Stanford indicted on charges in alleged $7 billion swindle

The onetime billionaire sports enthusiast has proclaimed his innocence since the SEC brought accusations against him in February.

Gerald Herbert/AP
Assistant Attorney General Lanny Breuer, at podium, speaks at a news conference at the Justice Department in Washington, Friday, regarding the recent surrender of Texas billionaire R. Allen Stanford for fraud charges.

Robert Allen Stanford, the ostentatious Texas real estate and banking tycoon, was indicted along with four others Friday on charges of scheming to defraud investors of $7 billion while corrupting regulatory officials and obstructing justice.

The onetime billionaire sports enthusiast, who was made a knight by Antigua for reviving cricket in the Caribbean, is accused of fraudulently inflating the value of his Stanford International Bank from just over $1 billion in 2001 to $8.5 billion in 2008. He and his cohorts are also accused of conning investors into buying $7 billion in certificates of deposit, promising those funds were in "safe and secure" investments. He assured them the bank's strategy was to "minimize risk and achieve liquidity," despite the unusually high rates of return.

"In the end, [those promises] were simply too good to be true in light of the bank's actual investments and assets," said Assistant Attorney General Lanny Breuer, who announced the details of the charges at a press conference Friday in Washington. "According to the indictment, Stanford and his co-conspirators allegedly misused and misappropriated most of those investment assets, including diverting $1.6 billion into undisclosed personal loans to Stanford himself."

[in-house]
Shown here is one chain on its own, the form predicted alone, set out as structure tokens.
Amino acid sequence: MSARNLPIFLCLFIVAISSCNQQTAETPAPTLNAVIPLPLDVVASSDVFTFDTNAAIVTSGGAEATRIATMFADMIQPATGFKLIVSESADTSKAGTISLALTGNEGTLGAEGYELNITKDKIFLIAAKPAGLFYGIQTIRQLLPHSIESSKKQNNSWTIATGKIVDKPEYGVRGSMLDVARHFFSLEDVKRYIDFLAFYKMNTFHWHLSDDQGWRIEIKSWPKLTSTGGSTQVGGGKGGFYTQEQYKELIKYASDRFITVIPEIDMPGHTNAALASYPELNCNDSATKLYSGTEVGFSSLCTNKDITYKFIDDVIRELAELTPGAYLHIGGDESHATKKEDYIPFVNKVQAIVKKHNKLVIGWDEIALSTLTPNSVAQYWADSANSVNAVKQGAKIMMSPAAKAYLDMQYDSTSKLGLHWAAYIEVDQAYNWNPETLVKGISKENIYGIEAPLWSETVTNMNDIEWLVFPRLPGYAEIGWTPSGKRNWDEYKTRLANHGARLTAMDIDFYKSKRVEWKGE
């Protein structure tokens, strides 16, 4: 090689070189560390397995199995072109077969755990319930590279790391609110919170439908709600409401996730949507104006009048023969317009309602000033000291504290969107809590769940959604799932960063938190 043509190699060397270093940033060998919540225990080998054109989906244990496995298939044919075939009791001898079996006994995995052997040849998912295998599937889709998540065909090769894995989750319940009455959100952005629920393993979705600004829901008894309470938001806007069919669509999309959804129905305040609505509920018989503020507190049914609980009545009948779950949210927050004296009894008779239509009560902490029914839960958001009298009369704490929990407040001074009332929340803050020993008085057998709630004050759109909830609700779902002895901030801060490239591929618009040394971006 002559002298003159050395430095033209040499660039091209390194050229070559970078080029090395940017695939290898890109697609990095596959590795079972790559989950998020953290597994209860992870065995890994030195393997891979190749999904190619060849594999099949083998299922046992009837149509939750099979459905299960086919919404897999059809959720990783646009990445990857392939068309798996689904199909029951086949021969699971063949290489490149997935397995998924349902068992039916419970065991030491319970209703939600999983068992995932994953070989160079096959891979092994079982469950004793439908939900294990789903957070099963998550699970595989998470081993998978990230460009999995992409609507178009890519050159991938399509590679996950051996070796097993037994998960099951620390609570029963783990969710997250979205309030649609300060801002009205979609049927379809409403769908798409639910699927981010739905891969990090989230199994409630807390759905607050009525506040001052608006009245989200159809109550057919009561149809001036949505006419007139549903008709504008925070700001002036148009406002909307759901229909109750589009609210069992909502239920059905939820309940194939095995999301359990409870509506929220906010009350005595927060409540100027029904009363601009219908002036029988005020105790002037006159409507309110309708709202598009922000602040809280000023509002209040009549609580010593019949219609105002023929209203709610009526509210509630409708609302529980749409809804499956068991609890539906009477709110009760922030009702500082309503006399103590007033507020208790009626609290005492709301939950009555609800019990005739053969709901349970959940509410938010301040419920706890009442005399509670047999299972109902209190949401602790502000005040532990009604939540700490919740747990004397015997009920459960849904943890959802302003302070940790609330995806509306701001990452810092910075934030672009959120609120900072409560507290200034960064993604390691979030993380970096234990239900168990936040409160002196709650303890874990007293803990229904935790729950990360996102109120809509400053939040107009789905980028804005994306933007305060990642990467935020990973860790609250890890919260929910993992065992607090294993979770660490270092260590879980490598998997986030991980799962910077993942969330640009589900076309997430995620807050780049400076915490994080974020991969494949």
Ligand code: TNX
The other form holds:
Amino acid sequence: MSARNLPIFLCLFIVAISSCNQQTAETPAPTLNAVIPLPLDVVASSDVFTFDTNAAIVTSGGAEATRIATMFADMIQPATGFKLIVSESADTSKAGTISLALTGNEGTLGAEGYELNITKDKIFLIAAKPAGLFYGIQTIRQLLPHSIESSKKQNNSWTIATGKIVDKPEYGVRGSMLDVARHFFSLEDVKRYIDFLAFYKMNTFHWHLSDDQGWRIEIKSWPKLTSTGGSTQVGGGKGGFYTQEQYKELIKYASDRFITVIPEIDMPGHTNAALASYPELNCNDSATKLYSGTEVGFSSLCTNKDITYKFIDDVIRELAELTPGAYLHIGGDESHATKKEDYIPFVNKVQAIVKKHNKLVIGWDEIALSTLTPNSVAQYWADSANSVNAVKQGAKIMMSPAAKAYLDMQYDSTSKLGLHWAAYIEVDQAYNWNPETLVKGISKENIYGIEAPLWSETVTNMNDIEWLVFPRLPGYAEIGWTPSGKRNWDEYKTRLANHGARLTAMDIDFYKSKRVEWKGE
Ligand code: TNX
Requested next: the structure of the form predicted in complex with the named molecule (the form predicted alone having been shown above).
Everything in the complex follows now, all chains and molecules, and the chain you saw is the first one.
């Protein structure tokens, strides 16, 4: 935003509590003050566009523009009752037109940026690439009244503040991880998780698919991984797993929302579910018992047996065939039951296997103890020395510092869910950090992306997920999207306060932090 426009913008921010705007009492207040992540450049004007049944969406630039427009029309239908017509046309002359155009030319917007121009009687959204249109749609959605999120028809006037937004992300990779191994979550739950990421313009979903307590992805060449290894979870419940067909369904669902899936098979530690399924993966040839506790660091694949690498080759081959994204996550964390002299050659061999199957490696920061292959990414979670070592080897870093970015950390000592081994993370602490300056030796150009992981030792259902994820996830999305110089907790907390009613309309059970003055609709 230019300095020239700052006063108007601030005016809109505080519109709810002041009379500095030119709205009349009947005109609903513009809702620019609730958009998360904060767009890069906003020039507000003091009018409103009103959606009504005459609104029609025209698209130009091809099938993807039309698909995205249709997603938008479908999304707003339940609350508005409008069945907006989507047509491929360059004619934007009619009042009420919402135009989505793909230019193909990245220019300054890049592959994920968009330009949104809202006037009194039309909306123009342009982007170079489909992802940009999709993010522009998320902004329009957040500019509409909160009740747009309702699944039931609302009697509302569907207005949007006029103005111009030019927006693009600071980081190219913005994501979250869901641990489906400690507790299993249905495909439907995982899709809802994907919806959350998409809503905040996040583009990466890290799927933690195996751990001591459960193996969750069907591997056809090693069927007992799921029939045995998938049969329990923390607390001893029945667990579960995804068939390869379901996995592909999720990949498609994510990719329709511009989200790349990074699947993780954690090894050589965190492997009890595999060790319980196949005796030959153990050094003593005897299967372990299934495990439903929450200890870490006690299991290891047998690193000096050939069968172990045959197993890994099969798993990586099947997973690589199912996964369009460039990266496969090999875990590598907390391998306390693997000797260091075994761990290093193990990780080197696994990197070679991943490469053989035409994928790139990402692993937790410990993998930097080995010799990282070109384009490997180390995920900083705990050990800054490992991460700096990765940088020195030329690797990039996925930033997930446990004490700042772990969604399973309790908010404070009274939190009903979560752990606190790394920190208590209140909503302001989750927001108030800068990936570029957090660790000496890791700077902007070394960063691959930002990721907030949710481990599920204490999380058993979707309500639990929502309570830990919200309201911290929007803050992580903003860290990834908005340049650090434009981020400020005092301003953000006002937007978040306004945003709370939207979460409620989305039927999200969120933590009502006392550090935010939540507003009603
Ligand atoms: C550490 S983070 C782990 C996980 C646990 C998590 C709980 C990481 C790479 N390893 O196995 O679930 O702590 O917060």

The mogul has insisted on his innocence since the Securities and Exchange Commission first accused him in February of running a "massive ongoing fraud." He did again Friday through his lawyer.

After disappearing for weeks after the initial SEC charges, Mr. Stanford went on a media offensive, calling the charges "baloney" and insisting he was not involved with a Ponzi scheme, like the $50 billion one that Bernard Madoff eventually pleaded guilty to in March. Stanford told major news organizations including ABC News that the government was going after him because it failed in its oversight of other banks and investment houses. In a teary-eyed interview in April with ABC's Brian Ross, he added: "I am the maverick, rich Texan that they can put the moose head on the wall."

The indictment unsealed Friday also charges him with making false statements to investors about how well regulators were supervising his bank and other investments.

"Stanford and his co-defendants made false and misleading representations about the regulatory scrutiny of the bank by Antiguan authorities when in fact Stanford and his co-defendants were making corrupt payments to the former head of Antigua's Financial Services Regulatory Commission [FSRC] to ensure the regulator did not actually and accurately audit and verify the assets reported in the bank's financial statements," Mr. Breuer said.

Stanford is alleged to have paid Leroy King, the former head of the FSRC who was also charged in the indictment, more than $100,000 to turn a blind eye to the bank's activities.

Stanford turned himself in to the Federal Bureau of Investigation Thursday night.

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